The Van Wert County Courthouse

Friday, Jan. 28, 2022

Charlie Daniels Band at the fair

It’s been a few years since the Van Wert County Fair has presented a headliner band. James Otto a few years ago was barely an opening act. The low turnout for that show and the prior main event, the Edgar Winter Group, foretold a possible end to the fair’s ability to produce the big name.

But the Charlie Daniels Band concert on Tuesday, September 1, is the return of the big name to the fair. And with freebies and amenities galore.

By County Commissioner Todd Wolfrum
By County Commissioner Todd Wolfrum

Admission for the grandstand is only $25 and there are still plenty of seats available. That price would be a great deal even if all of the things I’m about to say weren’t also true. First, the concert is being held on the evening before the fair officially opens, so parking and admission to the fairgrounds are free. No hidden fees.

But wait, there’s more!

How many concerts of this caliber allow you to bring your own refreshments? Normally, the producers of such a show are trying to make as much profit from the sale of concessions as from tickets. For this show, you are allowed to bring your own cooler. It is entirely up to you what you put in that cooler.

But wait, there’s still more!

Local favorite Nashville Crush will be the opening act. Normally, these guys alone could sell out a venue where you could bring your own refreshments at $25 a ticket. But even further, if you do want to purchase some fair fare, most of the food vendors will be open that night. You can take a break from the music to walk about and get an elephant ear or a sausage sandwich or even some fried cheese (heart attack optional).

All of this before Charlie Daniels, a bona fide music legend, takes the stage. Daniels was creating a pop country sound before Garth Brooks ever heard a steel guitar. In the Sixties, he co-wrote a song recorded by Elvis and played bass on three Bob Dylan albums. He broke in his fiddle backing The Marshall Tucker Band and Hank Williams Jr. before busting out on his own. He also appeared in one of the top 10 movies about mechanical bull riding ever made, Urban Cowboy.

Of course, he will always be identified by one mega-hit: “The Devil Went Down to Georgia.” His legend suffers a bit from his music being before its time — because it lacks a genre, it is rarely played on classic rock or country stations. But Daniels wasn’t a one-hit wonder. If you listened to the radio in the Seventies and early Eighties, you know “In America”, “The Legend of Wooley Swamp” and the theme song from the movie Stroker Ace (probably twice as many people know that song as ever saw that silly Burt Reynolds vehicle).

Other songs one might YouTube to assess their Daniels familiarity include “The South’s Gonna Do it Again”, “Uneasy Rider”, “Every Time I See Him” and “Long-Haired Country Boy.”

The presentation of The Charlie Daniels Band was a combined effort of the Fair Board and the County Economic Development Office. Having lost money on many of the prior productions, the fair was rightly cautious to put up for a big act again on its own. But there needs to be events like these for our community’s long-term viability and that’s where our county ED became interested and sought private investment to assume much of the risk. How many county events appeal to both our heavily populated demographic — people over 50 — and our most frighteningly underpopulated demographic — people aged 20 to 40?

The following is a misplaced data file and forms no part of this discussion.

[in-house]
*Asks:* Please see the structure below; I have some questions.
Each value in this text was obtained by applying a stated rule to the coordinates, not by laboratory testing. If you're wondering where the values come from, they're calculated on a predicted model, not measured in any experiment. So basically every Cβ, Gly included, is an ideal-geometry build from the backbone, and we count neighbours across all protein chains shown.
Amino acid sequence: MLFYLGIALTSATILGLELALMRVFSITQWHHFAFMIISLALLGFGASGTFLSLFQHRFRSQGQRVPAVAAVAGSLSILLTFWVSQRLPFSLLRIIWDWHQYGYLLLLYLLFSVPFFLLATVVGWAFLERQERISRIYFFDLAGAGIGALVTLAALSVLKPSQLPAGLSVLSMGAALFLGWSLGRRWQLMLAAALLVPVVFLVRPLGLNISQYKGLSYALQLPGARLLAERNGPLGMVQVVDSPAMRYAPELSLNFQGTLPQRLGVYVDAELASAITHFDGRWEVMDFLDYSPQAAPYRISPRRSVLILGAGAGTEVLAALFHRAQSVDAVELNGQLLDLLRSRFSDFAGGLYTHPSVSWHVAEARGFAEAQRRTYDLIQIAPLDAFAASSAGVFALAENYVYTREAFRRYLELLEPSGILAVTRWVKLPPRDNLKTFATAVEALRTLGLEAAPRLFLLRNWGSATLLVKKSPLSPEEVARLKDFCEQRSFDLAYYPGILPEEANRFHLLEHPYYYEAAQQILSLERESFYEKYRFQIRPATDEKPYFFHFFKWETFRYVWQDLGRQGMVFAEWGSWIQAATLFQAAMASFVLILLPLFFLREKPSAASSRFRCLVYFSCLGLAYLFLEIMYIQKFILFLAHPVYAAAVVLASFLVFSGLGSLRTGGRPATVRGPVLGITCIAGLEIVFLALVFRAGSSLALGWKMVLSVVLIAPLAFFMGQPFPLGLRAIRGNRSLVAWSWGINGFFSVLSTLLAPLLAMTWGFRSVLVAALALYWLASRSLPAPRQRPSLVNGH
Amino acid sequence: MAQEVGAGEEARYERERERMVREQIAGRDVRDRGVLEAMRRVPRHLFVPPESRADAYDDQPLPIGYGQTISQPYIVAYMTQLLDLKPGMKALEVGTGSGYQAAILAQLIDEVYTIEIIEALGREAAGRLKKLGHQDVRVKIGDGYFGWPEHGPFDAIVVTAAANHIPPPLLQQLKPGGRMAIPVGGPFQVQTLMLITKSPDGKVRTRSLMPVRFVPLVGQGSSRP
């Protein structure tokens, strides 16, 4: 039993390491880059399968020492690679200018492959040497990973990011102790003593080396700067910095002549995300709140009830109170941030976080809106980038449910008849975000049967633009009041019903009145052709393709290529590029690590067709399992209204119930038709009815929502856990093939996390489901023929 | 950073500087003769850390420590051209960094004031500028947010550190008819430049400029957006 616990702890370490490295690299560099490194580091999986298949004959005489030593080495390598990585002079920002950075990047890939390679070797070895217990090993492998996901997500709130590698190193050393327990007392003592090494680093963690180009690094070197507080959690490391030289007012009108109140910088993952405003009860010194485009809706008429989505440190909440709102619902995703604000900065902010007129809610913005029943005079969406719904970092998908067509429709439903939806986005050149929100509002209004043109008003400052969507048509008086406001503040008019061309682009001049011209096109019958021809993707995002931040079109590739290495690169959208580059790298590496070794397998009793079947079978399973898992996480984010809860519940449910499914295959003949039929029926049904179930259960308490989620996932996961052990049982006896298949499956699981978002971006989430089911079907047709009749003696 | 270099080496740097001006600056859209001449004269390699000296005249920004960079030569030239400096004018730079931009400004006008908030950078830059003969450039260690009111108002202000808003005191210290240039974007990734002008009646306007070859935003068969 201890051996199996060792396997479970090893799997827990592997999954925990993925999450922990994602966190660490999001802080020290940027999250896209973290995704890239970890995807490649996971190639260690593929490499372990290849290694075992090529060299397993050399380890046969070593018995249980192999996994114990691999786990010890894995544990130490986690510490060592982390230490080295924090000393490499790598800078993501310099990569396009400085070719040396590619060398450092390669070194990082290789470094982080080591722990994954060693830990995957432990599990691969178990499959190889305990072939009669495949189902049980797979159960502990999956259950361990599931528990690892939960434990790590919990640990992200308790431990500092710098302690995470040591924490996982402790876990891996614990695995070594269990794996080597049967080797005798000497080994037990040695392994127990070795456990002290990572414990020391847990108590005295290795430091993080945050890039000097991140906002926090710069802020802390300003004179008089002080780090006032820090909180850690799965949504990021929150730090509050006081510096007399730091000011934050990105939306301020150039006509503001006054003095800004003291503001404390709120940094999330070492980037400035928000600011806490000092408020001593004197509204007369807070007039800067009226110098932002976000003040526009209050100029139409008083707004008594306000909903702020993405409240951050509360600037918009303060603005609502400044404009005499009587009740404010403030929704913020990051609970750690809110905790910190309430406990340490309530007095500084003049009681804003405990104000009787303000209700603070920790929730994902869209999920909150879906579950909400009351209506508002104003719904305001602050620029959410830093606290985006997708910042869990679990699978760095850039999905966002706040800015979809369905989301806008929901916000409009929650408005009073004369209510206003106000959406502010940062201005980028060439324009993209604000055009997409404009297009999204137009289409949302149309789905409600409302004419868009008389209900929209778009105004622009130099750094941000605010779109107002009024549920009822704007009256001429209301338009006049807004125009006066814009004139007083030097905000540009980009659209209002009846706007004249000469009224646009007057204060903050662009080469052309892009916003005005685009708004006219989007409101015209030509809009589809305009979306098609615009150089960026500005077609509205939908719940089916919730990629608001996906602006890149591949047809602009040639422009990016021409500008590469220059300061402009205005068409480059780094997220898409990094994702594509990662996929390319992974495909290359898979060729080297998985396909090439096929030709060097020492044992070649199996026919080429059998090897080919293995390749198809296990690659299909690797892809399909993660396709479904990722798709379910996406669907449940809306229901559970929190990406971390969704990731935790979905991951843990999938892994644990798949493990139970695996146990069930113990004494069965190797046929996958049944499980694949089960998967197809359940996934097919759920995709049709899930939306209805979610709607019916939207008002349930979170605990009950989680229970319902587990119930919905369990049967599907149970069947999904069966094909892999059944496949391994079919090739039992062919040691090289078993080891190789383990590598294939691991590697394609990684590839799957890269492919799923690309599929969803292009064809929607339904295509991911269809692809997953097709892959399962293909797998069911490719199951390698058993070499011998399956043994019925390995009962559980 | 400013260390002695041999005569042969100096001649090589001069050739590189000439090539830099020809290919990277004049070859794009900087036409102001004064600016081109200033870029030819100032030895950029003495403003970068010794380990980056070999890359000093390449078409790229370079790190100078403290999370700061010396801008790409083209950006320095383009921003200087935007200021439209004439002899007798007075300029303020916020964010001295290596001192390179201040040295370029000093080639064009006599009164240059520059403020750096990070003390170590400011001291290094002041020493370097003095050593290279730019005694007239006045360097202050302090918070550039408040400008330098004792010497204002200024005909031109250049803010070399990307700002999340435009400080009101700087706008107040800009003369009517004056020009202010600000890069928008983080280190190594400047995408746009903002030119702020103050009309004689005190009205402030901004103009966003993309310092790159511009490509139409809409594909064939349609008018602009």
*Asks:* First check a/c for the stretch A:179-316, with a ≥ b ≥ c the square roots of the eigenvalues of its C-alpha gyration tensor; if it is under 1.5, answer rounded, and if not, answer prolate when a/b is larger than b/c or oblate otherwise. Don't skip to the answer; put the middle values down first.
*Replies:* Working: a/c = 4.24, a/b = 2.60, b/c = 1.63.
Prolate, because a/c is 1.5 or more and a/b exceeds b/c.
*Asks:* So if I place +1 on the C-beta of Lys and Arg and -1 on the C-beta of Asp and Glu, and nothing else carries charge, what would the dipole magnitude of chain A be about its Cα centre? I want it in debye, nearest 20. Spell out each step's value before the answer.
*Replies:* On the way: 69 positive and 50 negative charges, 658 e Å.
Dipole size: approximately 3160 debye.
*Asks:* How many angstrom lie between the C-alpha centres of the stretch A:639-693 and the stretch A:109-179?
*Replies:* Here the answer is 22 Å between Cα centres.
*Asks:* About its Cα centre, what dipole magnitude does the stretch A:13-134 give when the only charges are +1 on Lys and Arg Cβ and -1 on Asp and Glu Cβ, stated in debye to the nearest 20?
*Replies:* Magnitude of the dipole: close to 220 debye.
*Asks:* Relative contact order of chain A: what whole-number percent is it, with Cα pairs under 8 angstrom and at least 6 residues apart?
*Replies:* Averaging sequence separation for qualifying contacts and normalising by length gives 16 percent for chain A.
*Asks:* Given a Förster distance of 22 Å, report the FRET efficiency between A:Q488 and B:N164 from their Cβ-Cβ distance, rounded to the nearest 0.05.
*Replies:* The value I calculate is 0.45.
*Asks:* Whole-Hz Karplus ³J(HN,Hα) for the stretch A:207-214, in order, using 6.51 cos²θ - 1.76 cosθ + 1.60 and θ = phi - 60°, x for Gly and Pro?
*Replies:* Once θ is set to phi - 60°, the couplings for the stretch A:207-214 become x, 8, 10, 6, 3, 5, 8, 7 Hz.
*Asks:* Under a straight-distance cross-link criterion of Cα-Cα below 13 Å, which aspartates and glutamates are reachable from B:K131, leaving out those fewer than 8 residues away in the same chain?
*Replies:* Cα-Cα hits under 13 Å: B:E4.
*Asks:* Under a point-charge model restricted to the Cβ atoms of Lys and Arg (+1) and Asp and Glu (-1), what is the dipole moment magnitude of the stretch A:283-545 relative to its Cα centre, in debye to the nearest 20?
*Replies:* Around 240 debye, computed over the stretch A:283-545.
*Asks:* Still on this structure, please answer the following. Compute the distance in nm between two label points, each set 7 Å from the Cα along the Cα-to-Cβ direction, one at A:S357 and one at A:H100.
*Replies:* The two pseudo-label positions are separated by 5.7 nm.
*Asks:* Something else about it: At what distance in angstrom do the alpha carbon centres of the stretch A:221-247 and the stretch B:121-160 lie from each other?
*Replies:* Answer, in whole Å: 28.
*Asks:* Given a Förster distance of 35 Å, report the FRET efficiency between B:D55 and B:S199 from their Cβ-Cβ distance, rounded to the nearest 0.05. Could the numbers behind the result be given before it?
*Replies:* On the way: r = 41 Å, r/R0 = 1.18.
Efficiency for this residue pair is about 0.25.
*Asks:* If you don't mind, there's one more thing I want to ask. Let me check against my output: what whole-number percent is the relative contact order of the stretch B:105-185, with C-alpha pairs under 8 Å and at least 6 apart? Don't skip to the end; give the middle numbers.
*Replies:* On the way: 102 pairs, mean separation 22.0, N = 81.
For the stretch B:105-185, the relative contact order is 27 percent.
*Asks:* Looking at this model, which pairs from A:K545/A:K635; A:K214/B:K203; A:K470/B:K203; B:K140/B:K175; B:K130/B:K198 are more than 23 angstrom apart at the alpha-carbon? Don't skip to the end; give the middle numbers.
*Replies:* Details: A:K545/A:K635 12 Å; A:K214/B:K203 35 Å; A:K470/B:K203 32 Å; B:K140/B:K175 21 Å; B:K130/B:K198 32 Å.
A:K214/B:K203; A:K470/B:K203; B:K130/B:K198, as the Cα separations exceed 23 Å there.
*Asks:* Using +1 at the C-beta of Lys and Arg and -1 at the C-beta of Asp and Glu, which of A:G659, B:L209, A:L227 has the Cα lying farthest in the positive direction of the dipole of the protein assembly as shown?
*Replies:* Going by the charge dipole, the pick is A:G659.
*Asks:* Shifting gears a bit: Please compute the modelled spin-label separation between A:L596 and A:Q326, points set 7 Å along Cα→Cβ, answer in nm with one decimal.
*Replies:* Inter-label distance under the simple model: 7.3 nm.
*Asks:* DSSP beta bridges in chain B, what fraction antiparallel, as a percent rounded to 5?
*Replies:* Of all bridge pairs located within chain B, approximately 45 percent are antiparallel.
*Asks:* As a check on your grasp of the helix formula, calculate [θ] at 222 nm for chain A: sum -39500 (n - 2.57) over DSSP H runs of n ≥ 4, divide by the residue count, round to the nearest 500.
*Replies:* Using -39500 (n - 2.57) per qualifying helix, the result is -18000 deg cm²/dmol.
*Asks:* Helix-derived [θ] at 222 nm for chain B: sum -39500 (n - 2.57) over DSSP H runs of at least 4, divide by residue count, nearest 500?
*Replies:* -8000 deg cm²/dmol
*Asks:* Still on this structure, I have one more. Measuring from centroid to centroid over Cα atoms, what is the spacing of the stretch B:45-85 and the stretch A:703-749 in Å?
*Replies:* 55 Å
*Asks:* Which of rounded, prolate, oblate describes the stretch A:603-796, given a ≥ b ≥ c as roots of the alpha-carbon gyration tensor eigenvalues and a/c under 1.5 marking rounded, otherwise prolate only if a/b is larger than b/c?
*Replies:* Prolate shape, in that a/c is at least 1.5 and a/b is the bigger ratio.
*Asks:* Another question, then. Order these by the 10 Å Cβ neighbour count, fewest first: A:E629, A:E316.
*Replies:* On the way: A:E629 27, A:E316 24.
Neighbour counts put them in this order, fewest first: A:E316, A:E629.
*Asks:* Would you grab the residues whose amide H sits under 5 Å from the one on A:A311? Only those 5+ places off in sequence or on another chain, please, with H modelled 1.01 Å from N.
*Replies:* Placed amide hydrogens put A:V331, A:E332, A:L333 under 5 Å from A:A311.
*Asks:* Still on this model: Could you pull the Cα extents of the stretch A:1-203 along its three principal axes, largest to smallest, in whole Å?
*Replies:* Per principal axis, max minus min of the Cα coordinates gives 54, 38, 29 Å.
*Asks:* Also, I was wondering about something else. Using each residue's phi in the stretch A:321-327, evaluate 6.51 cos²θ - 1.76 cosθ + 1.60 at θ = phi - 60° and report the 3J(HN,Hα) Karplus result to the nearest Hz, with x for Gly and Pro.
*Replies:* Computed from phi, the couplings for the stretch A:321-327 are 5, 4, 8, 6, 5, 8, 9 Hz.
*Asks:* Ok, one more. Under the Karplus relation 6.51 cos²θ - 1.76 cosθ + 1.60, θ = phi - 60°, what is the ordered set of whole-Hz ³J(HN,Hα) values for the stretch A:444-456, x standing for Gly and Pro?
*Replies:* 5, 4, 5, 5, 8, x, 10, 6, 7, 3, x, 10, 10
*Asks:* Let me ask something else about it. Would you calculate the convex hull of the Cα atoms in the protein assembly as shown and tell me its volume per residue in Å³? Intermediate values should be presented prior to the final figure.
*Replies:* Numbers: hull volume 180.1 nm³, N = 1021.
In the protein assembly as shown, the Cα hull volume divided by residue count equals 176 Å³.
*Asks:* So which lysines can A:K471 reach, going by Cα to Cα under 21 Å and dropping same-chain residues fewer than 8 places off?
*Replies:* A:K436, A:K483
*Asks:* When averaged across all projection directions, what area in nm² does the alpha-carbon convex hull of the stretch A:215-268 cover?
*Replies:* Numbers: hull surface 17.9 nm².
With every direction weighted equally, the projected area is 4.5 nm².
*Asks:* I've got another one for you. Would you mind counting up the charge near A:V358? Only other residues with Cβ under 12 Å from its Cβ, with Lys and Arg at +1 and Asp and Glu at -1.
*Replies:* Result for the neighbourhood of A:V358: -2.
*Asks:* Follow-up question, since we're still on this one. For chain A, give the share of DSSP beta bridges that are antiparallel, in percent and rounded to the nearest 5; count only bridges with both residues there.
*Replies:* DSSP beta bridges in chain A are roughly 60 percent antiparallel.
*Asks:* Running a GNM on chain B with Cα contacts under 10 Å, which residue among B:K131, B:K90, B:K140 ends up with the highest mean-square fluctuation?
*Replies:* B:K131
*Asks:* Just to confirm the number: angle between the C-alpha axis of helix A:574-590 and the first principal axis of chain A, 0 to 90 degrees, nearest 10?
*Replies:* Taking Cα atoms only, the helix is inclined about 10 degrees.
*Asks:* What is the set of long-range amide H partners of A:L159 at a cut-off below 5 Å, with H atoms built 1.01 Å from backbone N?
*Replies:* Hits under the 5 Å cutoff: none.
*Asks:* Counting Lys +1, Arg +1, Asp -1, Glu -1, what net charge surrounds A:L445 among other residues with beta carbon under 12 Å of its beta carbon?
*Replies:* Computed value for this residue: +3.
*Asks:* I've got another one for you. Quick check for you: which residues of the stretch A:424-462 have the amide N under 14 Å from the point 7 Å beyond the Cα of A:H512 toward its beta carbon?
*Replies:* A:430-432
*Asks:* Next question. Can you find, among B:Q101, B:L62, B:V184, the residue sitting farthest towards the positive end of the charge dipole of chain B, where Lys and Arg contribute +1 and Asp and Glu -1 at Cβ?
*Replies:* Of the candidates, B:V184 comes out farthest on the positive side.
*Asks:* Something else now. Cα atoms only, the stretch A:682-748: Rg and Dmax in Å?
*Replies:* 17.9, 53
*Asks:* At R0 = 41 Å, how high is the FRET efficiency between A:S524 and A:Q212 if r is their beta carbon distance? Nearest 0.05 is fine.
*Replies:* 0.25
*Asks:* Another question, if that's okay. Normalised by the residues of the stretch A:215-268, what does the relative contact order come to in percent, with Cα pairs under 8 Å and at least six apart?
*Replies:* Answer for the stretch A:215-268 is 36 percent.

Profit is a secondary concern and this is the reason for the cheap tickets and all of the perks. A successful show this year could lead to something more next year. Most of the investors understand there is a greater risk of loss than likelihood of reward, but they are people who believe in the need for the viability of the fair and events like this.

We spent several months choosing the act. One of the first criteria for me was that you had to have a band that had the name of the singer in it. For example, if you talk about Journey or Styx, you’re talking about bands that lack their lead singer or one of their lead singers. Fans of the band know who’s still in it and no one turns out to hear the original drummer. This concern proved prescient when a lead singer from one of our finalists, Three Dog Night, died a few months after our ultimate decision.

Cost, of course, was an issue. Tom Petty and Bob Seger are still in the $300,000 per show range and neither the fair nor our investors are in a position to take that kind of leap. Those tickets would necessarily cost closer to $100. George Thorogood and Joan Jett were in the right cost range, but, as it was explained to us, aging rock acts have eclectic crowds. There are so many different subsets of rock that there is no guarantee that any of them will sell in any region of the country, which is where the Edgar Winter Group may have ran into some trouble.

Charlie Daniels, however, draws from larger pools. He had no trouble filling the Niswonger PAC a few years ago and, by all accounts, that was a great show. To reintroduce the big name, there was really no other choice once he was introduced for consideration.

If you are over 40, you will remember this music. If you are under 40, you are in for a treat and you have something affordable to do on a date or a place to introduce your kids to a big-time music show that oozes Americana. Most of all, this is a community opportunity, a chance to come out together en masse for an event like we all used to do.

Did I mention tickets are only $25?

POSTED: 08/24/15 at 6:47 am. FILED UNDER: Opinions